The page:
Interview with Reiner Hoffmann, ETUC Deputy General Secretary
ETUC = European Trade Union Confederation with headoffice in Brussels
Question: What is the reason that the long expected revision of the EWC Directive is still not on the table yet?
Hoffmann: There are three essential reasons. At first the European Commission, which has not started yet the second
phase of consultation for the revision of the EWC Directive. This can be explained with a momentary resistance within the
Commission, to take any initiative on labour and social legislation. Secondly there is a heavy reservation against the
revision of the EWC Directive at the employers' confederation BusinessEurope, they officially do not see need for this.
Thirdly, there is no great euphoria in most member states either to take up the cause of that topic. On the contrary, with
the UK we have at least one member state which is willing to organize a minority blockade if necessary.
Question: What is the explanation that despite the existing Directive councils exist only in about one third of the
almost 2,300 companies covered by the Directive?
Hoffmann: This is correct. Although it has to be said that these more than 800 companies due to their size cover more than
two thirds of the employees concerned.
Question: What is the ETUC doing to get it changed?
Hoffmann: We are just about to obtain a summary for ourselves on how many negotiations are going on at the moment. But of
course it is necessary to look in the mirror. After all, the employees and trade unions must get active themselves in the
case of a formation. For us this implies to intensify our engagement considerably. At the ETUC congress in Seville we
agreed among other things to conduct a campaign with the aim to increase the number considerably within the next four
years. In doing so we work closely with the European industry federations and the unions in the member states.
Question: What are the central demands for the revision of the Directive?
Hoffmann: Our demands begin already with the erection of the EWC. The negotiation period of three years is far too long.
Some companies abuse this period to prevent the quick formation of an EWC. We know that the company structure can change
through buying ups and sales completely within three years. This then leads to further delays again and again. The
negotiation period should therefore be reduced to six or to 12 months at most.
The other central demand is a precise definition of what has to be understood by information and consultation. In this
case the measuring stick for us is the definition as it applies in the European company. It must be made sure primarily
that information and consultation is carried out on time, that is before obligatory decisions are taken in the enterprise.
Only in such a way the EWC can try to effectively impact the company decisions in order to prevent possible negative
consequences for the employees or at least minimise the effects. Another essential area is the meeting frequency and the
quality of the working conditions of the EWC. As a standard, workers' representatives shall have two EWC meetings per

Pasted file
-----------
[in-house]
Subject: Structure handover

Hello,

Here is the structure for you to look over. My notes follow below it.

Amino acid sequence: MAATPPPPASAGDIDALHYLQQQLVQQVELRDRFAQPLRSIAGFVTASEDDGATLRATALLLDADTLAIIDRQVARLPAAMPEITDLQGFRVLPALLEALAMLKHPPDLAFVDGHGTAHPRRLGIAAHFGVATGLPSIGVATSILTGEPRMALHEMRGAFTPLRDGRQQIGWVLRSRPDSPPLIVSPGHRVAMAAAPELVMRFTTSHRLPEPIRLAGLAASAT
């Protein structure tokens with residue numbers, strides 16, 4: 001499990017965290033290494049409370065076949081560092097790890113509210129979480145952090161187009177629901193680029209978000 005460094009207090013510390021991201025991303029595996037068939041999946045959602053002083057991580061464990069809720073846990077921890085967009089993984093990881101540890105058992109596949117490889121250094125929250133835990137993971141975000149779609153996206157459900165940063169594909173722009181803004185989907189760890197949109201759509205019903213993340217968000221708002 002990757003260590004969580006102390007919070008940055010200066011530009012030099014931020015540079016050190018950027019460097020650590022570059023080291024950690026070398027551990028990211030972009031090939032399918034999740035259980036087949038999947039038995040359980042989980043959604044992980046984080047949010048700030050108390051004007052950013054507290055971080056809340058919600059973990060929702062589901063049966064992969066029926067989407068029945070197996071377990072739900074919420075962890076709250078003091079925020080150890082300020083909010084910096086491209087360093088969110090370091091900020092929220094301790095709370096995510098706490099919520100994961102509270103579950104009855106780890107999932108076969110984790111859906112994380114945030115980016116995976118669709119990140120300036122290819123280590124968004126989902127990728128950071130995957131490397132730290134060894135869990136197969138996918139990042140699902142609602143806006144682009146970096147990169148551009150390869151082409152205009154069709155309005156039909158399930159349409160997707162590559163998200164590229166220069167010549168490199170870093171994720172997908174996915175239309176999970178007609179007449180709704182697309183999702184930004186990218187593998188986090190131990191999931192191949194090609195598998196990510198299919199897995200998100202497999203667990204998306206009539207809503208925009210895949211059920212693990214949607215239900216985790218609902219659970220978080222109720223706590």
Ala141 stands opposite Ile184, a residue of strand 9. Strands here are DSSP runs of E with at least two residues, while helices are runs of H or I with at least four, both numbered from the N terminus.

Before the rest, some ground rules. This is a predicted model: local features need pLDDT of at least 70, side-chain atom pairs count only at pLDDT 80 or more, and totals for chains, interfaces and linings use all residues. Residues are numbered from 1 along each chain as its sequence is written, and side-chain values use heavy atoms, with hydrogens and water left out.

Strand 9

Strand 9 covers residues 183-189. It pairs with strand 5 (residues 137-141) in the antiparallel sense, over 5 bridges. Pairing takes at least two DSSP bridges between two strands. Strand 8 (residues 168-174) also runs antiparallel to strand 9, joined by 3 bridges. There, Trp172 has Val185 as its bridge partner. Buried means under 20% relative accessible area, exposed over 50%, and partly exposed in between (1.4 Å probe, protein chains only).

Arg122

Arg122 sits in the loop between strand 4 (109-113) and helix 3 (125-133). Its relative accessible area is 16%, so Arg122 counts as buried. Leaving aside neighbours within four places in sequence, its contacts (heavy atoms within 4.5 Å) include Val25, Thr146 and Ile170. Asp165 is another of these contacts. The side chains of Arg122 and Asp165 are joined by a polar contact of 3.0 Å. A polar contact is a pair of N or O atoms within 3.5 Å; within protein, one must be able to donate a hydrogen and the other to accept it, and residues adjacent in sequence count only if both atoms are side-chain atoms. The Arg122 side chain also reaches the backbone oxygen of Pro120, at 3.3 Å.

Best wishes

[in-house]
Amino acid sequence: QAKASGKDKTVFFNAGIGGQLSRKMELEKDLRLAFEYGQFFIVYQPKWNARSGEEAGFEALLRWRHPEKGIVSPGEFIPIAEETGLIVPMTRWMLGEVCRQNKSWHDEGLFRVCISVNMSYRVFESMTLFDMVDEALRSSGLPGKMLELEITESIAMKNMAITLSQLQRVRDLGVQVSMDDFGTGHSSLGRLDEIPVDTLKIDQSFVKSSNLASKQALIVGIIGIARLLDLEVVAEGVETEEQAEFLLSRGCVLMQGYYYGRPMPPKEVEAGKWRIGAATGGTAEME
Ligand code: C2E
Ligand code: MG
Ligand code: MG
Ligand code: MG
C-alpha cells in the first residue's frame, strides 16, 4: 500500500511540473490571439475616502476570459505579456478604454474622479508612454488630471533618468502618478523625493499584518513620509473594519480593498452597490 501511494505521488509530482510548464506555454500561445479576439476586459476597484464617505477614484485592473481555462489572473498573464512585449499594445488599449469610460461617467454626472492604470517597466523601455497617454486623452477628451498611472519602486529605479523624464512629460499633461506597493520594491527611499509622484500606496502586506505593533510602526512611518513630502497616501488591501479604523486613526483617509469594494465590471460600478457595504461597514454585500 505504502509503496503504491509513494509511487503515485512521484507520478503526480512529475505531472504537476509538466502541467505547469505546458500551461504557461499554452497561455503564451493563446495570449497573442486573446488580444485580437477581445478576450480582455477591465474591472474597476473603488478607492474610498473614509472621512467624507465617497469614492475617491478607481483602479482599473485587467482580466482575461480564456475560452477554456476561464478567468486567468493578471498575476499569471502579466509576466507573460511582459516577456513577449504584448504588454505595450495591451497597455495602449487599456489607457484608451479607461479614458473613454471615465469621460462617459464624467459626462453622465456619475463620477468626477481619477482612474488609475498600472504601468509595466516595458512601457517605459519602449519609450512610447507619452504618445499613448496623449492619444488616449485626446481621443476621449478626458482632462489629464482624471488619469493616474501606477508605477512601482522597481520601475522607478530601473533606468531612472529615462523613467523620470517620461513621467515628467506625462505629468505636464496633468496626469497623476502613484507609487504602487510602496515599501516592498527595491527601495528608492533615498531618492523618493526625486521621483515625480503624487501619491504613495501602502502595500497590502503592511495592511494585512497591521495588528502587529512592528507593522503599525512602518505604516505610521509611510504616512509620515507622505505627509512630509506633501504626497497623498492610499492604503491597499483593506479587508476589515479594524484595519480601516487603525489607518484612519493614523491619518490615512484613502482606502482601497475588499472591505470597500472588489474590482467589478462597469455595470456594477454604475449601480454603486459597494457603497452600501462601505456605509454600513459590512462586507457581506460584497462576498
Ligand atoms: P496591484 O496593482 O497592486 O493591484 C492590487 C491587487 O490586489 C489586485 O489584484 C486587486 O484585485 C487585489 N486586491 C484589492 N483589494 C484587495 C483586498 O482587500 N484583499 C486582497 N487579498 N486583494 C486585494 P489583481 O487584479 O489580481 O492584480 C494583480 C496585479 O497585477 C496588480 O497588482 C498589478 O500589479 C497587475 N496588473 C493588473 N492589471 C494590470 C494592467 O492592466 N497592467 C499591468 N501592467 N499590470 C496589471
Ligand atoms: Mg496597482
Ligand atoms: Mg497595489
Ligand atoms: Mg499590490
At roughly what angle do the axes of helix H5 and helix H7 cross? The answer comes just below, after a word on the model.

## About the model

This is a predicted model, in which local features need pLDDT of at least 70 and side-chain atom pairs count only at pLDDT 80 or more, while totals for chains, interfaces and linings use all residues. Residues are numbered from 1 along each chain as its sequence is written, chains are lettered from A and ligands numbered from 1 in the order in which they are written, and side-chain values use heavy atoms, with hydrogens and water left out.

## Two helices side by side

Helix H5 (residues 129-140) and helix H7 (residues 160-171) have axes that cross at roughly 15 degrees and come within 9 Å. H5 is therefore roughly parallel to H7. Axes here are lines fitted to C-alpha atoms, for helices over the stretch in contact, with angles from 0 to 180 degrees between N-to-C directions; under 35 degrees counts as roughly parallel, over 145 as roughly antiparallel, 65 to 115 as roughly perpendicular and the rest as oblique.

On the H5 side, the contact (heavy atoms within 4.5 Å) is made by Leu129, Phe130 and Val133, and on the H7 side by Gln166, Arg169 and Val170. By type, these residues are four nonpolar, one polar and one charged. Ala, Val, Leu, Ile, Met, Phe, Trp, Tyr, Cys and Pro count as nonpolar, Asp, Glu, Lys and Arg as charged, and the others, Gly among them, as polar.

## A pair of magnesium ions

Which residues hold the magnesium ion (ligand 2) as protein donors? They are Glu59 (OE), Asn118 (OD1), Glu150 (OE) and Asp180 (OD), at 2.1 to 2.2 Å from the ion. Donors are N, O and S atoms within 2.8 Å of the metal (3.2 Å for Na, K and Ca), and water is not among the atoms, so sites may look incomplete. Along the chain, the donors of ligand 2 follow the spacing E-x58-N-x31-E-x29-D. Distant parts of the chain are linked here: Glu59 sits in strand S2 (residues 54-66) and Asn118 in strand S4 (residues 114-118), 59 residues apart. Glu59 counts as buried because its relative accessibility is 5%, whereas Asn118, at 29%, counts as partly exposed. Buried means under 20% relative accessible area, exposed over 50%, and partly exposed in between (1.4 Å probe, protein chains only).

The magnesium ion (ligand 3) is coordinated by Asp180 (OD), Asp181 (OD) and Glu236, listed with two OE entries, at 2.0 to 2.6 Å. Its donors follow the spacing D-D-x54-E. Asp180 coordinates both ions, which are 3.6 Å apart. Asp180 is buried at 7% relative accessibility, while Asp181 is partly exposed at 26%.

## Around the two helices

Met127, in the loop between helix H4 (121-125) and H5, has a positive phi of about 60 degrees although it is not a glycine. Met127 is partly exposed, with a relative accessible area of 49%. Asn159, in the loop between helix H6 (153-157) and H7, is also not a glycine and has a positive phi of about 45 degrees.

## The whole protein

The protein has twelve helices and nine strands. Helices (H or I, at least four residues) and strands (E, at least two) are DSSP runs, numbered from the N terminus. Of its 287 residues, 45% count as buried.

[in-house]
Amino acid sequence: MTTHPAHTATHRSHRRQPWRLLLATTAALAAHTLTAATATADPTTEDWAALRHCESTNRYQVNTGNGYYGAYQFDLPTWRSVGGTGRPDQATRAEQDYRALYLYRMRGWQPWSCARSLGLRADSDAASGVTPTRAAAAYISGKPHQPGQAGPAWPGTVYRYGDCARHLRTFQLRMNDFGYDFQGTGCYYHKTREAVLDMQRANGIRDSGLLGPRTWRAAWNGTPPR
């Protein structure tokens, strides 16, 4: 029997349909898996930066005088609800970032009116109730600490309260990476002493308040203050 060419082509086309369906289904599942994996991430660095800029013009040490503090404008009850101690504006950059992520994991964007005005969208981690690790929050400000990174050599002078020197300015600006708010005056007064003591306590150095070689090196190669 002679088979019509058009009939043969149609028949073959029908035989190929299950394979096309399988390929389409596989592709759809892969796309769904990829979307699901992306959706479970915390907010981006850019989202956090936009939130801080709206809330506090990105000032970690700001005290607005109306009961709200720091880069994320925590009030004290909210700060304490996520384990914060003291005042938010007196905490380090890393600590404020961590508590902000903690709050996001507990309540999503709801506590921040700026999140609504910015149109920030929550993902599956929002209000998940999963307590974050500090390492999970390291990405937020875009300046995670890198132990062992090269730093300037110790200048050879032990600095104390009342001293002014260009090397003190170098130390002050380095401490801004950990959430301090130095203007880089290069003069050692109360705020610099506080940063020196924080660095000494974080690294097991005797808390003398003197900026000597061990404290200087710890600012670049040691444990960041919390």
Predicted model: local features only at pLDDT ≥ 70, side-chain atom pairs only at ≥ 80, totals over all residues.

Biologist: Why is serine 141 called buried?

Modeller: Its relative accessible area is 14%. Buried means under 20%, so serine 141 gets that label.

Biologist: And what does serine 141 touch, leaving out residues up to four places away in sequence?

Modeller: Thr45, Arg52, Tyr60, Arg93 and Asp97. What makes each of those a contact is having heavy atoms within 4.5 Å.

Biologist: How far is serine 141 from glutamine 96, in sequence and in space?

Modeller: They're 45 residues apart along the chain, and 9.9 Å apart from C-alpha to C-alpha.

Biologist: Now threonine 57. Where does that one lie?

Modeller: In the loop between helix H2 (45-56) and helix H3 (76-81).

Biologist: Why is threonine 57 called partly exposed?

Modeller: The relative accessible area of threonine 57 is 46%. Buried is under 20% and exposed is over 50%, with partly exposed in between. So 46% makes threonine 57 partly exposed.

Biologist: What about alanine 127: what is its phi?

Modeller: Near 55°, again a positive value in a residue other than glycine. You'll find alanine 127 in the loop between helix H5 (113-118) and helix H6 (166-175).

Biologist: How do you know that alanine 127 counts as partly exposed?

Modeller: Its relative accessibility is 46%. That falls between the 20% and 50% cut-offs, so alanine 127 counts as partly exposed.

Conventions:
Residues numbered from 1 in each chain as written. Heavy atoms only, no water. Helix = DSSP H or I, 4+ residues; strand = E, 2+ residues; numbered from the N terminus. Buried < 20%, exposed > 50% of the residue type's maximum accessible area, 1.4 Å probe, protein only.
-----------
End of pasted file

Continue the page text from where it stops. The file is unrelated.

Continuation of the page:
annum in future. Primarily it is all about to form committees to single topics which then can carry out independent
meetings to deepen the topics between EWC meetings. In qualitative regard we also see the necessity for the employers to
finance external experts in future because in more complex restructuring cases the need for expertise rises inevitably.
But also in the area of training still more must happen. An EWC member can fulfil his task more effectively when he or she
is entitled to take part in training. Foreign language skills must be promoted particularly. An essential for us is also
the recognition of trade unions which fulfil an important support and coordination function.
But last not least, we do not regard the threshold of 1,000 employees as up-to-date any more. Since the EU enlargement the
number of companies with cross-border activities and less than 1,000 employees has increased enormously. It is not
acceptable to refuse to workers in smaller companies the right to information and consultation. According to the Charter
of Fundamental Rights this must be regarded as a basic right for all employees.
Question: As of when can one count on the revision of the Directive?
Hoffmann: The pressure on the European Commission has increased considerably. The European Parliament has asked the
Commission repeatedly to put its suggestions for the revision finally on the table. The European Economic and Social
Committee, to which employer representatives belong to with one third, has also sent a reminder to review the Directive.
And in everyday practice we always experience more frequently the limits of the EWC Directive so that the pressure also
grows out of the companies. Finally it depends on a clear signal too, that the European Union is not only benefical for
the economy and the improvement of competitiveness. It must set clear signals for the people. Among other things it means
that employee rights are strengthened. This will play a major role for the elections of the European Parliament in the
year 2009. The Commission would therefore be well advised to get active with a concrete suggestion still this year, so that
a revision can be adopted by the Council of Employment and Social Policy Ministers before the elections.
Reiner Hoffmann was Deputy General Secretary of the ETUC between 2003 and 2009. Before he was a director of the Brussels
based European trade union institute (ETUI). Before his time in Brussels the social scientist and economist worked in the
German Hans Böckler foundation for more than ten years until 1994. He is a member of the German chemical industrial union
Reiner Hoffmann was interviewed by Bernhard Stelzl on August 9th, 2007.